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Amanda Little

The Biggest Ideas in Farming Today Are Also the Oldest

Georgia cattle raiser Will Harris left behind the destructive techniques of modern agriculture, charting a new path forward for the livestock industry.

Will Harris: “Nature is so much smarter than we are.”

Will Harris: “Nature is so much smarter than we are.”

Photographer: Amanda Little/Bloomberg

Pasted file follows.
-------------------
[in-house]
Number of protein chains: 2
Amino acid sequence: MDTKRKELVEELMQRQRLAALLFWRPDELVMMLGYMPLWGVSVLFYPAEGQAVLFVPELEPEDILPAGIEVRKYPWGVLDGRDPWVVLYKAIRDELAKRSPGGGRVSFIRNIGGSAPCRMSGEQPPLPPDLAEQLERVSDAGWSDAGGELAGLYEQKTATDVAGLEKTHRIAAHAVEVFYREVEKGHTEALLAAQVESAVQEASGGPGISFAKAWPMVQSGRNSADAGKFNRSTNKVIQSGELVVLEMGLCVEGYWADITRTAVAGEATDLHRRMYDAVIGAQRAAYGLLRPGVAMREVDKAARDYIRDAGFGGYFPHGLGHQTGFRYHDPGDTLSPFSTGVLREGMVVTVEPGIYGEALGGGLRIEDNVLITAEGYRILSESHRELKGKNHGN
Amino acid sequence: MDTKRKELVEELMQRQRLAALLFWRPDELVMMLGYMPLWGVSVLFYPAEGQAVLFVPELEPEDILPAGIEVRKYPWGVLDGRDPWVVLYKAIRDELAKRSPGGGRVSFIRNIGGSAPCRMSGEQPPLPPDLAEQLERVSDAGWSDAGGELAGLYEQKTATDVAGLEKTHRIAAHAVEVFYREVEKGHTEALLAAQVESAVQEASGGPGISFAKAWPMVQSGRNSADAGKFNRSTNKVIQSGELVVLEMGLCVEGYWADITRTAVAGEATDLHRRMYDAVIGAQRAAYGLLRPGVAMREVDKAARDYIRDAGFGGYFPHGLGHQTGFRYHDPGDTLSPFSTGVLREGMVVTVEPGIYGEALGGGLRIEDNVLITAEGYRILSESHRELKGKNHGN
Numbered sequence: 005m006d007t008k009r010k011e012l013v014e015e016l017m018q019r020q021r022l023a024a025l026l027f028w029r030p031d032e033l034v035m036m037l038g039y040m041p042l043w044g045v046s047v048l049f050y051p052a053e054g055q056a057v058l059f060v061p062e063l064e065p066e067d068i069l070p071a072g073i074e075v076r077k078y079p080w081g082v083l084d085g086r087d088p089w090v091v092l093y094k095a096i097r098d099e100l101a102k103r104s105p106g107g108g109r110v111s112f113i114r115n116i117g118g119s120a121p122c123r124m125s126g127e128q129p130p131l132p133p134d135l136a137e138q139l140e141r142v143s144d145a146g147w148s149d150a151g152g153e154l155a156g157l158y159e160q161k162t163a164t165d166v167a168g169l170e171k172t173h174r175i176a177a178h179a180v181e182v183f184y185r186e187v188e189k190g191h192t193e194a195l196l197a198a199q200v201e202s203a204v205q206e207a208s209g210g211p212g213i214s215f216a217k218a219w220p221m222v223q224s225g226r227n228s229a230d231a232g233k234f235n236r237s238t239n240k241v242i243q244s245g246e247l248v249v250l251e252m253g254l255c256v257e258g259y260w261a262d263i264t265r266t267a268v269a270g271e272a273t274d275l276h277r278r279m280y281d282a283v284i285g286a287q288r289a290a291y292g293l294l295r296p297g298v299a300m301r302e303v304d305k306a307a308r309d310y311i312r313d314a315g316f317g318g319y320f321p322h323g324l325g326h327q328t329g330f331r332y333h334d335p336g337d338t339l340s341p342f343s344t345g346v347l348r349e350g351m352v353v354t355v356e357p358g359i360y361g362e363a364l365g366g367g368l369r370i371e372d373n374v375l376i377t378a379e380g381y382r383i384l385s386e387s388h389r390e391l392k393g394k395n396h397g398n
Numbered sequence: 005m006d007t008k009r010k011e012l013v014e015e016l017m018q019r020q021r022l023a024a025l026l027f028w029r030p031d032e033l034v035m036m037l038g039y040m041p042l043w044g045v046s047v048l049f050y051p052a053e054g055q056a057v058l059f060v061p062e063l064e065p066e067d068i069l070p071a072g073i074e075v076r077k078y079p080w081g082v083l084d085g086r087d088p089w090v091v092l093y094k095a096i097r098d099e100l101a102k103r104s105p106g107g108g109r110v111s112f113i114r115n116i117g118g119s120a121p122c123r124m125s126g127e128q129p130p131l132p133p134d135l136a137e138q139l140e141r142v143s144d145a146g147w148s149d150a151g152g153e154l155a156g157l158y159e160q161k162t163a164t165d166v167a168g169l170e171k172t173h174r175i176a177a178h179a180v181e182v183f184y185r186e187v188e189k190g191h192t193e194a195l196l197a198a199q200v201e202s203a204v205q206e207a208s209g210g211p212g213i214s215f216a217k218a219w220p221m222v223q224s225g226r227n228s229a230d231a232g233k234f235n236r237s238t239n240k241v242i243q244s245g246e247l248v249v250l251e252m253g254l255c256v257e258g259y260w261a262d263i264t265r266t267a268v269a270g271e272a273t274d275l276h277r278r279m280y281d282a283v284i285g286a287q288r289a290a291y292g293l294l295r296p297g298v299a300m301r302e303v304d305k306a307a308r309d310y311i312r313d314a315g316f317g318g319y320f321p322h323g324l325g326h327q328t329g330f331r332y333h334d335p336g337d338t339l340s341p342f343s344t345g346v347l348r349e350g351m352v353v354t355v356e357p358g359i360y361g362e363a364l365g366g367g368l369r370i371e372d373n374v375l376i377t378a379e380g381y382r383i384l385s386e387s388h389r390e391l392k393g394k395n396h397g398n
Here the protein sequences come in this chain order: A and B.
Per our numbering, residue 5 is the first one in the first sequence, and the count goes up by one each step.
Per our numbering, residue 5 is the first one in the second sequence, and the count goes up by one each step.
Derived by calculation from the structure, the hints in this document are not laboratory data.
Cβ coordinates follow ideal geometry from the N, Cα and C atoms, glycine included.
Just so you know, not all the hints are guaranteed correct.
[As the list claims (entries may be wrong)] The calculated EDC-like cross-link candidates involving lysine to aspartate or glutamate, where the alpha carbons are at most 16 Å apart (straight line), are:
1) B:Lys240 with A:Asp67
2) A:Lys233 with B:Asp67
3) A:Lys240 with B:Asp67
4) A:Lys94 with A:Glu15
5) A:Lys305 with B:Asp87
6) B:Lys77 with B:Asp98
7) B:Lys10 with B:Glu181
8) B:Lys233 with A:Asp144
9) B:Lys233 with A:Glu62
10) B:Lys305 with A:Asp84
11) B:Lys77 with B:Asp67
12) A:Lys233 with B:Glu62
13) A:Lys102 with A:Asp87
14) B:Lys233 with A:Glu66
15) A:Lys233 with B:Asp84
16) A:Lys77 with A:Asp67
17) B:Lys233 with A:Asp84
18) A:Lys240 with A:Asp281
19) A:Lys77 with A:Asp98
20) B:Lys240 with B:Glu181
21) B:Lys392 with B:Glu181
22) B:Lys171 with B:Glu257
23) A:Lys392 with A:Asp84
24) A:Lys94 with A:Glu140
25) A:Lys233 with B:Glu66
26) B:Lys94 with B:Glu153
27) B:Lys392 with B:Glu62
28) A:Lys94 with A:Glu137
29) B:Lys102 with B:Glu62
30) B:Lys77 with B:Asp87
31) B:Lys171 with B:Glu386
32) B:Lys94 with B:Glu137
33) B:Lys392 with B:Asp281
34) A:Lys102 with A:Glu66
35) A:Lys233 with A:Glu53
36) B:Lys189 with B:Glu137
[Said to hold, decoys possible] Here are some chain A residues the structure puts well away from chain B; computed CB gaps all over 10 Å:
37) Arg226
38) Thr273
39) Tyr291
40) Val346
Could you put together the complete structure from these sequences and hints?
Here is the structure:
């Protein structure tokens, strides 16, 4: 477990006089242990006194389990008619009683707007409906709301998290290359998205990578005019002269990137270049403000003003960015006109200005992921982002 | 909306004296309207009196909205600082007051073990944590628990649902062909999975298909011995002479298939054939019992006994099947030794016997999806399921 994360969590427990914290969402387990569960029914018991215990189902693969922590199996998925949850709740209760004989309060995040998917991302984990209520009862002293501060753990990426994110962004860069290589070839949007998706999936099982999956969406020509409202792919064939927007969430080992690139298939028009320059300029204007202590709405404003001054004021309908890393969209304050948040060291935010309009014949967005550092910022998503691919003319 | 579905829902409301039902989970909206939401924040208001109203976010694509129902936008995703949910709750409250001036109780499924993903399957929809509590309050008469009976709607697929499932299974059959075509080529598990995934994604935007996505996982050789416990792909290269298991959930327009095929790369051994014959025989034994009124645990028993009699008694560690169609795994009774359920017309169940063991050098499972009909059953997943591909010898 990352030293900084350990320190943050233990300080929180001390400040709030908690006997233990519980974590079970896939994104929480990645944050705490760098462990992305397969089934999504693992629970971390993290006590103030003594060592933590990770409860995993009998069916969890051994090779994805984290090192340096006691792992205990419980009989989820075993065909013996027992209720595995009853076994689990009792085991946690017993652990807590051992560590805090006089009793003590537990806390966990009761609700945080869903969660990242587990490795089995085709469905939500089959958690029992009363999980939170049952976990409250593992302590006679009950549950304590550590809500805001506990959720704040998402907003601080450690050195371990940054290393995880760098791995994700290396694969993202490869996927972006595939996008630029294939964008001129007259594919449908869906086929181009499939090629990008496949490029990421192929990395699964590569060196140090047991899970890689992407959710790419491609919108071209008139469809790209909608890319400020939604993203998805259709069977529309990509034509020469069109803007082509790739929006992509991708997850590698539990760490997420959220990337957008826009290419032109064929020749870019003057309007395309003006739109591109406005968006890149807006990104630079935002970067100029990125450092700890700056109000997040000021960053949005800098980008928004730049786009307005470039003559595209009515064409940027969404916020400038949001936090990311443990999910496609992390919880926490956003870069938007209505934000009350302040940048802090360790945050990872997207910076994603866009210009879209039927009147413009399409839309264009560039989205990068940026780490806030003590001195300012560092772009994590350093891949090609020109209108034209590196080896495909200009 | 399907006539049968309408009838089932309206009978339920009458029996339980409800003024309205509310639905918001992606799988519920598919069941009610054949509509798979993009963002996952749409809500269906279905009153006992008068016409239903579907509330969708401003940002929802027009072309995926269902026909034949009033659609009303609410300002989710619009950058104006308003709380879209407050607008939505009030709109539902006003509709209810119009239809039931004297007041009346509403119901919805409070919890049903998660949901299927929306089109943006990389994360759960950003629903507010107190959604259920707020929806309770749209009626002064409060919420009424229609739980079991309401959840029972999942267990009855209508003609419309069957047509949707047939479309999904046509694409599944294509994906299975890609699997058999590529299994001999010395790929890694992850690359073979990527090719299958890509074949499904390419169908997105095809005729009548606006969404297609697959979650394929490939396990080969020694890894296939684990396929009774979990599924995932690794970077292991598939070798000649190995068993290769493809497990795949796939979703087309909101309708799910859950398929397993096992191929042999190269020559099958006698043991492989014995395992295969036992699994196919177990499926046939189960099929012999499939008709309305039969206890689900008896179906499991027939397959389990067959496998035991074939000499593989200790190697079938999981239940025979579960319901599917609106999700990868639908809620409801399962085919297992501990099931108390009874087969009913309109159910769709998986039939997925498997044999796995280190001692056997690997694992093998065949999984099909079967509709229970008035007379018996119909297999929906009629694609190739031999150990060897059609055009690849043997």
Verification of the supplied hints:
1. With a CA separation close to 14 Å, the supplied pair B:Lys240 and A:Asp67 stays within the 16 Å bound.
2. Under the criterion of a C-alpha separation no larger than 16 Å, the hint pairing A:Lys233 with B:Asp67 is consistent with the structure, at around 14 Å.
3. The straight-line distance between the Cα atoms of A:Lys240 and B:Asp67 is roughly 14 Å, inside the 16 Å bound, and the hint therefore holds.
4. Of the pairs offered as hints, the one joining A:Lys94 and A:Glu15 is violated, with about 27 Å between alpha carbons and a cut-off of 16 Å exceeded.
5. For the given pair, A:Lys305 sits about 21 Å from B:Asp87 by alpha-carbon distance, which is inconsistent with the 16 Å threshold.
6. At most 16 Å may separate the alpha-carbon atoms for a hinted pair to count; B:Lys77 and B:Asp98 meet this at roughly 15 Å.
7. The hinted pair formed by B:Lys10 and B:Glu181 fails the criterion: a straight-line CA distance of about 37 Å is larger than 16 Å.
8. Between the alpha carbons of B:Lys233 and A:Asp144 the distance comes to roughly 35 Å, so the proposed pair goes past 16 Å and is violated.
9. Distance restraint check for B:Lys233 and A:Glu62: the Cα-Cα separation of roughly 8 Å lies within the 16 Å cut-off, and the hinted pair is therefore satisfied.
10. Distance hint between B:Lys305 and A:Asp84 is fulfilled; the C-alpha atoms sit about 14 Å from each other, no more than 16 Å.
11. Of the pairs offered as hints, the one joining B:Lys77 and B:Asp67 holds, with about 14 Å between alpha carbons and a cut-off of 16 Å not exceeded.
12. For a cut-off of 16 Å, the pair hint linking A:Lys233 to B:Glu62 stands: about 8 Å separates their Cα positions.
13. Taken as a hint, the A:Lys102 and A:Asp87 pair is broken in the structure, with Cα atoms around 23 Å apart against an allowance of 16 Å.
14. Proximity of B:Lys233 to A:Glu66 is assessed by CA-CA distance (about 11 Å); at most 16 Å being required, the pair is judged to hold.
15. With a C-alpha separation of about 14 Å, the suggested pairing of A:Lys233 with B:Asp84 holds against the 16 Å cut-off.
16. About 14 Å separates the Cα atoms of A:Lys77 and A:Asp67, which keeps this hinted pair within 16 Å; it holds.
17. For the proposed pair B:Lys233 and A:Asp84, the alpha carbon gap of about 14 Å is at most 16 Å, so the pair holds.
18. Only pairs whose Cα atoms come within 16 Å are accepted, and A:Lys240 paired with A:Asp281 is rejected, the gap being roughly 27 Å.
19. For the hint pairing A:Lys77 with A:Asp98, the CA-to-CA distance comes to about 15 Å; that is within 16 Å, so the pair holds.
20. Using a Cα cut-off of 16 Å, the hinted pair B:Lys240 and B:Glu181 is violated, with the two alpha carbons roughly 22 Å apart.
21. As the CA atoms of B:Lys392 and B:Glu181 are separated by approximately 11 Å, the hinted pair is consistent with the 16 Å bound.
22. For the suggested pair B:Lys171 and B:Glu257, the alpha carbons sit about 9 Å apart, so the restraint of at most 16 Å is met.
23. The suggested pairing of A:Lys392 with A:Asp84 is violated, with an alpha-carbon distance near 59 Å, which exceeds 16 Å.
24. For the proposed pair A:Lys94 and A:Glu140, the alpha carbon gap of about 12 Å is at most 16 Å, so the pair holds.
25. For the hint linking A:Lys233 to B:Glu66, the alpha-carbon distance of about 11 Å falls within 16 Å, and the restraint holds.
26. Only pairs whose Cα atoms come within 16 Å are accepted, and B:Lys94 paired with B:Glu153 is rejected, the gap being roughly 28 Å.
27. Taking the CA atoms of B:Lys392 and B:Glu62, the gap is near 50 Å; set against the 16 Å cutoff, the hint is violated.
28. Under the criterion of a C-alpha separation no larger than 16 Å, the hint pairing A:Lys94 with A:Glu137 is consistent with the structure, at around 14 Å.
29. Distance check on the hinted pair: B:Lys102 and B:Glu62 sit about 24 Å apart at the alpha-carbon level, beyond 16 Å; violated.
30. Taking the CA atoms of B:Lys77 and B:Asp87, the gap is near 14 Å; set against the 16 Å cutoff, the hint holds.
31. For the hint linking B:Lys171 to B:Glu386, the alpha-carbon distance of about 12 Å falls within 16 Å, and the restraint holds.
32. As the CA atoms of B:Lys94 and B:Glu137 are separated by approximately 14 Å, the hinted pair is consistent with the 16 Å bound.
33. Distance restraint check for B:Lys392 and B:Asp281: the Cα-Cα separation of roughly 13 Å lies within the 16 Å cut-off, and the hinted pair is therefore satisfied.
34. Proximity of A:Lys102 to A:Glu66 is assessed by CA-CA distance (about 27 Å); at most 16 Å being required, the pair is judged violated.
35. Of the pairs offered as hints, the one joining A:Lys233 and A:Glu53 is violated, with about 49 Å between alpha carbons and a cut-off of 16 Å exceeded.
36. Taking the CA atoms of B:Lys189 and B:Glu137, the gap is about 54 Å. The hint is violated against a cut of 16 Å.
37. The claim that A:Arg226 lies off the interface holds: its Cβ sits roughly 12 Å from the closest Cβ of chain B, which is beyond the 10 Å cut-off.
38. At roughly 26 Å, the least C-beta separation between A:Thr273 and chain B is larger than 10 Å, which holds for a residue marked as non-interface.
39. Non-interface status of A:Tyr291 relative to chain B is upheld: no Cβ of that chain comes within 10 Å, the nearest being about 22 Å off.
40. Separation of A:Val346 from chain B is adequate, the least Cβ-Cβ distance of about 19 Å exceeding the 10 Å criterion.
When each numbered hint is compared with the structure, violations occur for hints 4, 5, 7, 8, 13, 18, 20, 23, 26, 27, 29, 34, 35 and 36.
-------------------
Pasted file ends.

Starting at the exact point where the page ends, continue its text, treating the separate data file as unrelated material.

Earth's soil can sequester vast amounts of carbon — I’ve known this for years. But it wasn't until I stood at the boundary between two farms in southern Georgia recently that I appreciated the enormous potential of that fact.

Will Harris, a fourth-generation cattleman, reached down and scooped up a handful of pale reddish-brown soil from his neighbor's peanut fields: “Dead," he pronounced it, "a lifeless mineral medium.” Then he walked a few paces and dug up another handful — inky black and unctuous — from his own land. “A thriving organic medium, teeming with life," he said. "It’s 5% organic matter compared to 0.5%, side by side.”